Product Details

Release Date:
10/19/2010
UPC:
0089859858321
Original Release:
1972
Rating:
PG
Source:
Vci Video
Region Code:
0
Time:
1:27:00
Sales rank:
30,661

Special Features

All new commentary with Alan Ormsby, Jane Daly and Anya Cronin; "Memories of Bob Clark" - a tribute to the late director; Grindhouse Q&A; Confessions of a grave digger - interview with Ken Goch; Photo gallery; "Dead Girls Don't Say No" - music video by the Deadthings; A tributte video to CSPWDT - by Freak 13; CSPWDT trivia; Alan Ormsby bio; Original theatrical trailer

Cast & Crew

Performance Credits
Alecs Baird Caretaker
Paul Cronin Paul
Jane Daly Terry
Roy Engelman Roy
Bob Filep Emerson
Jeff Gillen Jeff
Valerie Mauches Actor
Alan Ormsby Alan
Anya Ormsby Anya
Robert Philip Actor
Seth Sklarey Orville
Bruce Solomon Winns
Valerie Mamches Actor

Technical Credits
Bob Clark Director,Producer,Screenwriter
Forest Carpenter Art Director
Gary Goch Editor,Producer
Jack McGowan Cinematographer
Alan Ormsby Makeup Special Effects,Screenwriter
David Trimble Set Decoration/Design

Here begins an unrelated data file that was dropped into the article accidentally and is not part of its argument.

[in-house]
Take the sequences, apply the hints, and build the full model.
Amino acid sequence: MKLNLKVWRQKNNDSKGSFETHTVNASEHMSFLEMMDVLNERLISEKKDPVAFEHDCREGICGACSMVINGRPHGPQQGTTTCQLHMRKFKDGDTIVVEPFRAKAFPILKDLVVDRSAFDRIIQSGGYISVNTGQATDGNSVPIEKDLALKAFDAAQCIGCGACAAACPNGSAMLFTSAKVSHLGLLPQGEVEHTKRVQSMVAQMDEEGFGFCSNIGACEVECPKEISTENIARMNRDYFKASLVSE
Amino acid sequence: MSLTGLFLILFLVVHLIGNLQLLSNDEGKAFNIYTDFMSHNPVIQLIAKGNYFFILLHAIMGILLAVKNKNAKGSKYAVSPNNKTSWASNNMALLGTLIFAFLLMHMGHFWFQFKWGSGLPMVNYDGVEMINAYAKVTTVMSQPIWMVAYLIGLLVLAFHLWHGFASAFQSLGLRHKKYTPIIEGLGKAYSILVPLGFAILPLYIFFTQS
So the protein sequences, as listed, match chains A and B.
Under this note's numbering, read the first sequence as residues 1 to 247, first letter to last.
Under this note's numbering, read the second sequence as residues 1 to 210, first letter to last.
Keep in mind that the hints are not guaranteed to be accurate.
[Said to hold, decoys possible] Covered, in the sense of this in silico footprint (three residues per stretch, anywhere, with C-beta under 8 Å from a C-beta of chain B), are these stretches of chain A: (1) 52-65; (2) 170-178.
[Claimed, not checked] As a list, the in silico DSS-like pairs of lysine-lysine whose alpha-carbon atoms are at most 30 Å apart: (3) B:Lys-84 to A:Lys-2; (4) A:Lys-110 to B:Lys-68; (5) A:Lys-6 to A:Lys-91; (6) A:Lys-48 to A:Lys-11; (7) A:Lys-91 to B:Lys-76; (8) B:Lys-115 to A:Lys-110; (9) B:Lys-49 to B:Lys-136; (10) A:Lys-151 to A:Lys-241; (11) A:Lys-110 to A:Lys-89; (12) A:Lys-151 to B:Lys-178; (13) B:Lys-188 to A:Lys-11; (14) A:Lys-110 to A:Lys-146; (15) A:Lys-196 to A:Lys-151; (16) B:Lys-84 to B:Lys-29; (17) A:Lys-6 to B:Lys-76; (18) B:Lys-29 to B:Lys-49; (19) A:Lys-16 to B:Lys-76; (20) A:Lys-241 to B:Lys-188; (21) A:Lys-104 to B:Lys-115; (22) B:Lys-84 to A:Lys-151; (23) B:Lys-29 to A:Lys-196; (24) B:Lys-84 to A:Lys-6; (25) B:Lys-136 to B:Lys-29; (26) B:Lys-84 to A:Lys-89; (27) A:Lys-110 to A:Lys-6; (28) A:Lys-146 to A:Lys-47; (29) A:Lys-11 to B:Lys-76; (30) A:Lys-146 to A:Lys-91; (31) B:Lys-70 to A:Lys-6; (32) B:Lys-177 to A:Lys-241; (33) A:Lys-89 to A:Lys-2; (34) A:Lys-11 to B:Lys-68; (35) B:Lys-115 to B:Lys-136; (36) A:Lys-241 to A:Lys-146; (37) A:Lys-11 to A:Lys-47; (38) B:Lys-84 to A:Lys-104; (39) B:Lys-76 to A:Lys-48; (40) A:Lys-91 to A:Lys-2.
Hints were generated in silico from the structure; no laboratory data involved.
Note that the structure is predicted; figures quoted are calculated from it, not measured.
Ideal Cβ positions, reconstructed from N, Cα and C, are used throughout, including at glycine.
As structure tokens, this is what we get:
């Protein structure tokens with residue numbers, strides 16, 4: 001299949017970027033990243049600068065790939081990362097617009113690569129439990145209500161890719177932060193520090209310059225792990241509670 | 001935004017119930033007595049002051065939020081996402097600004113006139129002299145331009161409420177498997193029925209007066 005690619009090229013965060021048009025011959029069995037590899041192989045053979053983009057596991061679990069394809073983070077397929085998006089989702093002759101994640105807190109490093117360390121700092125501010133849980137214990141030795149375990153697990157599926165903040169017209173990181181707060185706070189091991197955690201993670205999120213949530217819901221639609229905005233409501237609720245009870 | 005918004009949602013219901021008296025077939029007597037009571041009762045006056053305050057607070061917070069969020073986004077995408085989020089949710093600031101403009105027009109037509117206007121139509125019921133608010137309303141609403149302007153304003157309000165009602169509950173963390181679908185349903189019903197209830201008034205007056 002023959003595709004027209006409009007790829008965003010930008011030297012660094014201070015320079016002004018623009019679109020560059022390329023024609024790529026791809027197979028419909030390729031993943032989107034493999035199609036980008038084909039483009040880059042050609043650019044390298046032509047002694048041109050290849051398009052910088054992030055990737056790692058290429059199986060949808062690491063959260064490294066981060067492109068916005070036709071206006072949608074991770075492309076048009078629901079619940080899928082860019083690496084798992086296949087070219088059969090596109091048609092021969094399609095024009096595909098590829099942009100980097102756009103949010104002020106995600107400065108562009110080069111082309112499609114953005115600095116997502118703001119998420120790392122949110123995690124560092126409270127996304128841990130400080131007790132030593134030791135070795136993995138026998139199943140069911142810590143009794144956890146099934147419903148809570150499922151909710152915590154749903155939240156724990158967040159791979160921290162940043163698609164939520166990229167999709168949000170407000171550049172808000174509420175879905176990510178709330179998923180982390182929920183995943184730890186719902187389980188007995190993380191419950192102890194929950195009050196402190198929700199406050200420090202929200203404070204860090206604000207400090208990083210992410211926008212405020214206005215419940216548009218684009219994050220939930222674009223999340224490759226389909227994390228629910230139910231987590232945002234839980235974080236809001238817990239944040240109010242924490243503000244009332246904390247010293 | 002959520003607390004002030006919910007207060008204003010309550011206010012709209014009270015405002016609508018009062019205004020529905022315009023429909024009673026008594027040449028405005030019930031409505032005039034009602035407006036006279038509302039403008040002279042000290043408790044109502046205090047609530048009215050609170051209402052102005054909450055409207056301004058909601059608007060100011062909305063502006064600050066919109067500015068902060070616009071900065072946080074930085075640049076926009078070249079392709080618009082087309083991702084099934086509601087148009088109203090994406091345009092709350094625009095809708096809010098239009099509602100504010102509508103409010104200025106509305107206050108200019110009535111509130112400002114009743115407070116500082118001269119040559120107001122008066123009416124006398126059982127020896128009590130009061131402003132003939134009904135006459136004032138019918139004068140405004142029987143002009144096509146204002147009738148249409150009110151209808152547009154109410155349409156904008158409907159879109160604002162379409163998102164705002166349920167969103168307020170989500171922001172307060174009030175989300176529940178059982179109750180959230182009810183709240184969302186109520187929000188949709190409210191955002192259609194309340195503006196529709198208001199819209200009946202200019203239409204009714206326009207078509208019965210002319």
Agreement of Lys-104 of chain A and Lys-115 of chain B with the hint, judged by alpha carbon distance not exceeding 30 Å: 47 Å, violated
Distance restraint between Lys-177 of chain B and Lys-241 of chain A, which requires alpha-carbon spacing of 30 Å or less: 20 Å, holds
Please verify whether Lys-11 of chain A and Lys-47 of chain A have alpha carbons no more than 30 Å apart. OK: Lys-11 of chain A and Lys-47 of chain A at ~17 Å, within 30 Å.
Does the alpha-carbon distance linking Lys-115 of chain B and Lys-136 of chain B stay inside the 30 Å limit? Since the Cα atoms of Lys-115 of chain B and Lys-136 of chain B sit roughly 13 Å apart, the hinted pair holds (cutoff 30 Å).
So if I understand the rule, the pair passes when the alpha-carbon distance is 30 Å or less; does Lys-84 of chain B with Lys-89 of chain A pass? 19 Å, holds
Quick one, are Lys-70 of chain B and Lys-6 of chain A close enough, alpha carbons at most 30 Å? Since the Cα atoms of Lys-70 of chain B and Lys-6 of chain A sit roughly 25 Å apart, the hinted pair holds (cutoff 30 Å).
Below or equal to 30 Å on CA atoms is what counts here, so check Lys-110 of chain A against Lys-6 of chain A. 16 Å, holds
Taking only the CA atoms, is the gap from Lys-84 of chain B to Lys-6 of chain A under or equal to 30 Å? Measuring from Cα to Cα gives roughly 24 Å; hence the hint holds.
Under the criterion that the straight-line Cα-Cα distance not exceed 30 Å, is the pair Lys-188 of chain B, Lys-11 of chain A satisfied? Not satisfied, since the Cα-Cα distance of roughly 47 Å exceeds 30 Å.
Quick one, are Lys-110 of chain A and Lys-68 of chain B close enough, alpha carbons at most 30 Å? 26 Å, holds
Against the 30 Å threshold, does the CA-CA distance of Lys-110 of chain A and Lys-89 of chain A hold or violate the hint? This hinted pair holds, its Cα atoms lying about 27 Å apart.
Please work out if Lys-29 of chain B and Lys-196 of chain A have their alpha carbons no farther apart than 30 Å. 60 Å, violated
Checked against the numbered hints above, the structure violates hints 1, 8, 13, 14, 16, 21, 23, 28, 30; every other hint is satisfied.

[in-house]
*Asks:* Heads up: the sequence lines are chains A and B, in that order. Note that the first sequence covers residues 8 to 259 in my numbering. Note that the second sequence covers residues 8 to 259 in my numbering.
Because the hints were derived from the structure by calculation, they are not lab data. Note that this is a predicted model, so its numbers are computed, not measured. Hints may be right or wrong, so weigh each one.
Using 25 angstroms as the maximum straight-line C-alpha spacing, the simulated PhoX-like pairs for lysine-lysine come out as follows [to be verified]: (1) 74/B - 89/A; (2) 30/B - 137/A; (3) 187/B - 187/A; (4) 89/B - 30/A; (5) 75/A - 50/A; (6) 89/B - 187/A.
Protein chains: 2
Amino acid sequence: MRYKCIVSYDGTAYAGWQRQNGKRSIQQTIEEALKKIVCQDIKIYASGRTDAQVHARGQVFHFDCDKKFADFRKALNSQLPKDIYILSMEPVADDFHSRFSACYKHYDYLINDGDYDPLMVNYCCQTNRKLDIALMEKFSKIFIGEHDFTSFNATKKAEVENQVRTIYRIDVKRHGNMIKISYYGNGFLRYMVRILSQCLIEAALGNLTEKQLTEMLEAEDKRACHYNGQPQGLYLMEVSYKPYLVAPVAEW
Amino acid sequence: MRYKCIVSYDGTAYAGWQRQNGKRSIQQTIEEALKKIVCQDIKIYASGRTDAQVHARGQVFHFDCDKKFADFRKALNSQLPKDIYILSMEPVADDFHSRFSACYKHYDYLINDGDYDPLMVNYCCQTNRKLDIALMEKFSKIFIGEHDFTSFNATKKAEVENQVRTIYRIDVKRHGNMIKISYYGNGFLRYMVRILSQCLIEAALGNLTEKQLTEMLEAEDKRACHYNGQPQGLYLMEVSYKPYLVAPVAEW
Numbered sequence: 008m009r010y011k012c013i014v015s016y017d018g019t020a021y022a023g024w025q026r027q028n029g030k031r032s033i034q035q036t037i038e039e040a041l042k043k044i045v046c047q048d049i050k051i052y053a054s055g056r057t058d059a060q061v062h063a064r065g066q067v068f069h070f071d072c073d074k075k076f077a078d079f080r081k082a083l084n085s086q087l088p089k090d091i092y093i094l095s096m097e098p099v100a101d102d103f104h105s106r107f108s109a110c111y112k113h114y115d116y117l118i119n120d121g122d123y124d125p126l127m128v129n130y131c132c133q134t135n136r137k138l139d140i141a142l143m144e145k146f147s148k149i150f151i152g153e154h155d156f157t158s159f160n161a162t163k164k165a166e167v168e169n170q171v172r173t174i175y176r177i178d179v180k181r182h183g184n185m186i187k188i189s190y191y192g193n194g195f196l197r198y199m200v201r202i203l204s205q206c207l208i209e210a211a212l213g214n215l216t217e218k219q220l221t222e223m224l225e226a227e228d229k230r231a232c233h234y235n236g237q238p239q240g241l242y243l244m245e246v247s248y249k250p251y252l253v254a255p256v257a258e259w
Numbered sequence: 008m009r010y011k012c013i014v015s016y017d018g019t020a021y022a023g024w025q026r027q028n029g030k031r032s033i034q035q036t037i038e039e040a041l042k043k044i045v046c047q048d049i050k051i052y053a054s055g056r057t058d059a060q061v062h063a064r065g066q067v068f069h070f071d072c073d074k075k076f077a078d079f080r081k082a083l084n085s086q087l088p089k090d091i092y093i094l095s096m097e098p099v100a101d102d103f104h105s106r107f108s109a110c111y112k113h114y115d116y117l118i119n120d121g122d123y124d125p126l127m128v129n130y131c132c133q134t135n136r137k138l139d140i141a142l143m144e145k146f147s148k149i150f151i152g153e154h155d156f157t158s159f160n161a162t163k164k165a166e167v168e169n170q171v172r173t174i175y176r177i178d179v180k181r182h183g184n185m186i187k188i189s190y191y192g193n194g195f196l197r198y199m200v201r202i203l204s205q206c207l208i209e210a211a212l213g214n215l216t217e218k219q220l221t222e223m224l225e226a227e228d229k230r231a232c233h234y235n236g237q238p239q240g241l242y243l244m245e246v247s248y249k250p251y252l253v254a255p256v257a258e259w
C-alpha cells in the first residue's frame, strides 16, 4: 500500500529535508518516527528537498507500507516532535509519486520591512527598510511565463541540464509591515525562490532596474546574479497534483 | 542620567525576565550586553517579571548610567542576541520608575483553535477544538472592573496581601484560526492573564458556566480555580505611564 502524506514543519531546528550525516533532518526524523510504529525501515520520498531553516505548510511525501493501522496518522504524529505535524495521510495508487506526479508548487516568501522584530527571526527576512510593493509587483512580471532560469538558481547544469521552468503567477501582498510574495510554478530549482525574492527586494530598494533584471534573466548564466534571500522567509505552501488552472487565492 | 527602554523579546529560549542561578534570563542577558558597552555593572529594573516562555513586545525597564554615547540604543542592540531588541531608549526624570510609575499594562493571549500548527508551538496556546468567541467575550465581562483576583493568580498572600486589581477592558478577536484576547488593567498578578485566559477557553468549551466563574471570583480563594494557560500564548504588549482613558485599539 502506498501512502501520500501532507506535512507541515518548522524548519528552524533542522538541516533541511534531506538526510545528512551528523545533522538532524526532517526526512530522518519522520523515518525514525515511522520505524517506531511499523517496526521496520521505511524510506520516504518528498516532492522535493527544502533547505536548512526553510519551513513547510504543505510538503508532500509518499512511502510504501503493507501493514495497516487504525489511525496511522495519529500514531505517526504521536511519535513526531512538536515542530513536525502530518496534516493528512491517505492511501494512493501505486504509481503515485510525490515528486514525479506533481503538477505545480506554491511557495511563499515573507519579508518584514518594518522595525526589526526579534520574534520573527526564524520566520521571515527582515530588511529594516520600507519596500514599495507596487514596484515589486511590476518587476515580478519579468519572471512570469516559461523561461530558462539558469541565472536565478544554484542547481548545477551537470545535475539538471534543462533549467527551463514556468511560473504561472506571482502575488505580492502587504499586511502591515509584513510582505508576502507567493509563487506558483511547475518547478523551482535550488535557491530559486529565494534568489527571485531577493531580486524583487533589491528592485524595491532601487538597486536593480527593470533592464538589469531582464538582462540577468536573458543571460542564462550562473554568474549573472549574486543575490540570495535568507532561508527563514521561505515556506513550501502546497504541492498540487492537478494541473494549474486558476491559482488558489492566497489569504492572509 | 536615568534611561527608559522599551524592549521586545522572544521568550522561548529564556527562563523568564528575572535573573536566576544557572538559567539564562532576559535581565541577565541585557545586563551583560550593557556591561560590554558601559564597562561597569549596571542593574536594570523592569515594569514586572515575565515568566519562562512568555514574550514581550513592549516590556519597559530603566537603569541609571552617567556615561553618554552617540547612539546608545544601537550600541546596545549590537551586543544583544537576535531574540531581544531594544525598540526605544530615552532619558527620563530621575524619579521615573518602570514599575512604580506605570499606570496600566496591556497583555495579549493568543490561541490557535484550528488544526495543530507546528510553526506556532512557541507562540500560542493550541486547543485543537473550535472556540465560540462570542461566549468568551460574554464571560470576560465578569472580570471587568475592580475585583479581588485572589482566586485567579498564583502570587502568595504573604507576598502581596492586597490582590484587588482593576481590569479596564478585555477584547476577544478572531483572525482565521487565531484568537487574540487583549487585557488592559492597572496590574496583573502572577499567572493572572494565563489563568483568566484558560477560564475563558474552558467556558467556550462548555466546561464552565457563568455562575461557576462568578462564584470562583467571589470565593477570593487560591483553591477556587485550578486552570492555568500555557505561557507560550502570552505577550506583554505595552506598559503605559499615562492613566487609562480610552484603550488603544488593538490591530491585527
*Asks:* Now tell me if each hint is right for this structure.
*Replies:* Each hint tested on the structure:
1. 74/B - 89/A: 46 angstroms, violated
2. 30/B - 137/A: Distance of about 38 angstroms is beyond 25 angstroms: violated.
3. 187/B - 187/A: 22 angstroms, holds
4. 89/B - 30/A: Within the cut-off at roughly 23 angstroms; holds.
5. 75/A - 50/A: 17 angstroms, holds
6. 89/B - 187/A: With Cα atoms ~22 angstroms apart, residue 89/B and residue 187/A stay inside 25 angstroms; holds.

Carl Zittrer Score Composer

Scene Index

Disc #1 -- Children Shouldn't Play with Dead Things
1. Moonlit Sailing [7:54]
2. The Island [6:06]
3. Caretaker's House [6:30]
4. "Give the Devil His Due" [7:50]
5. Preparations [4:21]
6. Summations [8:24]
7. The Curse of Val [4:43]
8. The Corpse Bride [7:21]
9. Hysterical Anya [8:16]
10. The Dead Arise [4:00]
11. Zombies Attack [8:35]
12. No Escape [12:28]

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Children Shouldn't Play with Dead Things 4.5 out of 5 based on 0 ratings. 2 reviews.
shakainMI More than 1 year ago
Bear in mind, the rating is for those of you who LOVE bad movies, do not mistake this stellar rating for an Oscar winning movie. "Children Shouldn't Play With Dead Things" is a classic in every sense of the word when it comes to bad movies. A movie replete with overacting, inexperienced performers, and interesting staging, "Children Shouldn't Play With Dead Things" is a movie not to be missed. Watch it late at night with a group of friends and experience the campiness of an acting troupe visiting a cemetery to "experiment" with voodoo, and experiment that goes sadly, horribly, wrong. Watch it for the cliffhanger!
Guest More than 1 year ago
A fine early effort from director Bob Clark(A CHRISTMAS STORY,PORKY'S) that horror fans will want to see.Like a cross between EVIL DEAD and NIGHT OF THE LIVING DEAD with a strong dose of campy humor this film carries an eerie mood all the way through.A group of drama students unwittingly raise the dead and then the film turns suitably creepy.PG-rated,so don't expect gory violence,but you'll like it.